When Aaron Biebert decided to advertise his upcoming film on Facebook, he never imagined that it would be banned. The documentary called “A Billion Lives” is set to hit theaters in 2016 and it will focus on how ecigarettes could potentially help smokers find freedom from tobacco use. According to the World Health Organization, tobacco related diseases could lead to a billion deaths this century.
Initially Facebook censored the ads and notified Biebert that they violated advertising rules. “Your ad was rejected because it doesn’t follow the ad guidelines. Ads may not promote tobacco or tobacco-related products, including e-cigarettes.”
Despite the initial setback, Biebert wasn’t content to let the censorship slide by unnoticed. He reached out to Facebook founder Mark Zuckerberg in a letter, hoping to raise awareness for his film’s goals. “We are making a film to help people discover what’s going on in the world,” he wrote. “We’re trying to use Facebook to make the world more open, to stay connected, and to give people the power to share what matters most to them… a way to save the lives of their families, friends, and themselves.”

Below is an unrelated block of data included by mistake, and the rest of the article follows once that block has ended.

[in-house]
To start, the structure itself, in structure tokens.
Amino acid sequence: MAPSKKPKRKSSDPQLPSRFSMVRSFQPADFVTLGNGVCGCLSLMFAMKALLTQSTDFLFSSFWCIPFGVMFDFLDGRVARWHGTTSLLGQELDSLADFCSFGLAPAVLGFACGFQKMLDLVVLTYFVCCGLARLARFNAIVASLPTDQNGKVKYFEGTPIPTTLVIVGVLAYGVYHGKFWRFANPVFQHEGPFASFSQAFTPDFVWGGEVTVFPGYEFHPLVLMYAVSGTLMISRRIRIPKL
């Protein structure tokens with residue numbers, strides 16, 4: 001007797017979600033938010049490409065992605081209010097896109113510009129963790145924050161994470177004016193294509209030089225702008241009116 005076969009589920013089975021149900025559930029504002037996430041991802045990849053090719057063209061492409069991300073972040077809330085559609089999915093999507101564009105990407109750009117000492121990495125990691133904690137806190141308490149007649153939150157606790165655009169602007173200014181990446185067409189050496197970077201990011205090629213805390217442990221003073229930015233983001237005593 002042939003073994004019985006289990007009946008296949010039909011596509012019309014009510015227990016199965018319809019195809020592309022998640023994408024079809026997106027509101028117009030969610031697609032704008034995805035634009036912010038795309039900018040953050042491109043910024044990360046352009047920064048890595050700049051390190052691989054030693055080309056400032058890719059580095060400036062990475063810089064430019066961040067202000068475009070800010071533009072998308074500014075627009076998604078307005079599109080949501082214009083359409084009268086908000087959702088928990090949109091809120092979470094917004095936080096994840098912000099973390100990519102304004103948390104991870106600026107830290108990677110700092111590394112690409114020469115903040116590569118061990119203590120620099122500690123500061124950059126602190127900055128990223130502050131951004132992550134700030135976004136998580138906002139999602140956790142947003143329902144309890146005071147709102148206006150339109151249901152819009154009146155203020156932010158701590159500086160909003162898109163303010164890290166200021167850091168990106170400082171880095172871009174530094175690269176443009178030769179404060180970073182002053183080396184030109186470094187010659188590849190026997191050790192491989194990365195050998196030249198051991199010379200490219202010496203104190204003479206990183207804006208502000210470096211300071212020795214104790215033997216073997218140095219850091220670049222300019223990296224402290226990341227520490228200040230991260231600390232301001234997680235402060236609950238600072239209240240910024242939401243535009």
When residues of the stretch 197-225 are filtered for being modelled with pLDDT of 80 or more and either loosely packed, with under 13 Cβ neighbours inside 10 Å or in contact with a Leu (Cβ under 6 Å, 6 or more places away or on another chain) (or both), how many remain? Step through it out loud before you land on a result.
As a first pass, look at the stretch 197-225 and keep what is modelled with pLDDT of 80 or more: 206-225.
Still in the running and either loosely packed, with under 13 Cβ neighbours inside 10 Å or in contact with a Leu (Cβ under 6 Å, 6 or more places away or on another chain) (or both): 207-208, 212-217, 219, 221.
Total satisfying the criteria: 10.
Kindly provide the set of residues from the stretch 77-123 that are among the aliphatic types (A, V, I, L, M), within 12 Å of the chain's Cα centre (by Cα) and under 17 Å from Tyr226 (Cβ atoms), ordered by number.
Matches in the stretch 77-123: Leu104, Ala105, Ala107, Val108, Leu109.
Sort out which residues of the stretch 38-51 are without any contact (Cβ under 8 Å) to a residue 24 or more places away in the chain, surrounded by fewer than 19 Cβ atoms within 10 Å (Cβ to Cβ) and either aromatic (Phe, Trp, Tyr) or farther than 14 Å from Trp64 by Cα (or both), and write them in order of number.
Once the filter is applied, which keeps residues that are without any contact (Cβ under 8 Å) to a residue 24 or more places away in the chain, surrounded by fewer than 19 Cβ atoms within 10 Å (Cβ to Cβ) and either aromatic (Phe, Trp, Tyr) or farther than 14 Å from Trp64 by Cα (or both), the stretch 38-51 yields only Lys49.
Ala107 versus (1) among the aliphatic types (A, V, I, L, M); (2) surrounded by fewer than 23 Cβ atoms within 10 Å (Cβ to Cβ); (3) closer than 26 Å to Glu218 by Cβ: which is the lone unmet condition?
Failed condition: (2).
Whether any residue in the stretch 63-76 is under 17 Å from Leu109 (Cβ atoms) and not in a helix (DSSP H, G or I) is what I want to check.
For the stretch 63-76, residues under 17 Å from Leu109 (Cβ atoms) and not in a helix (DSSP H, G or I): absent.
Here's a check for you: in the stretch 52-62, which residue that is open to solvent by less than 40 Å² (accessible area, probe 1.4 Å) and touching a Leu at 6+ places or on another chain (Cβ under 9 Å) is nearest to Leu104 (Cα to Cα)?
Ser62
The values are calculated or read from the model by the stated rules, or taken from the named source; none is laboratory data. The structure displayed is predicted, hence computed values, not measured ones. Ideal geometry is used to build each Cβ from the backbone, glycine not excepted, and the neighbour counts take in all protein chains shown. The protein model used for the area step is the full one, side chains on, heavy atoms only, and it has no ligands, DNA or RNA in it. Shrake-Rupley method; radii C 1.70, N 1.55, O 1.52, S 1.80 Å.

Biebert insisted that his film was not encouraging people to use tobacco products. In fact, it was aimed at helping smoker’s find a way of escape. “You call our film a tobacco product, yet we are trying to help people quit,” Biebert argued. “You promise to make the world more open, but you are closing it off.”
On Friday, Biebert announced that Facebook had officially reversed the decision to ban the film’s ads. It’s a major victory for vaping and undoubtedly a step in the right direction. Hopefully this issue will draw awareness to the fact that ecigarettes are not tobacco products. Instead, they are products created as an alternative for smokers who can’t seem to stop using tobacco through traditional cessation attempts.
Do you think it’s unfair for Facebook to refuse ads for e-cigarettes? Should ecigs be treated as tobacco products in advertising guidelines?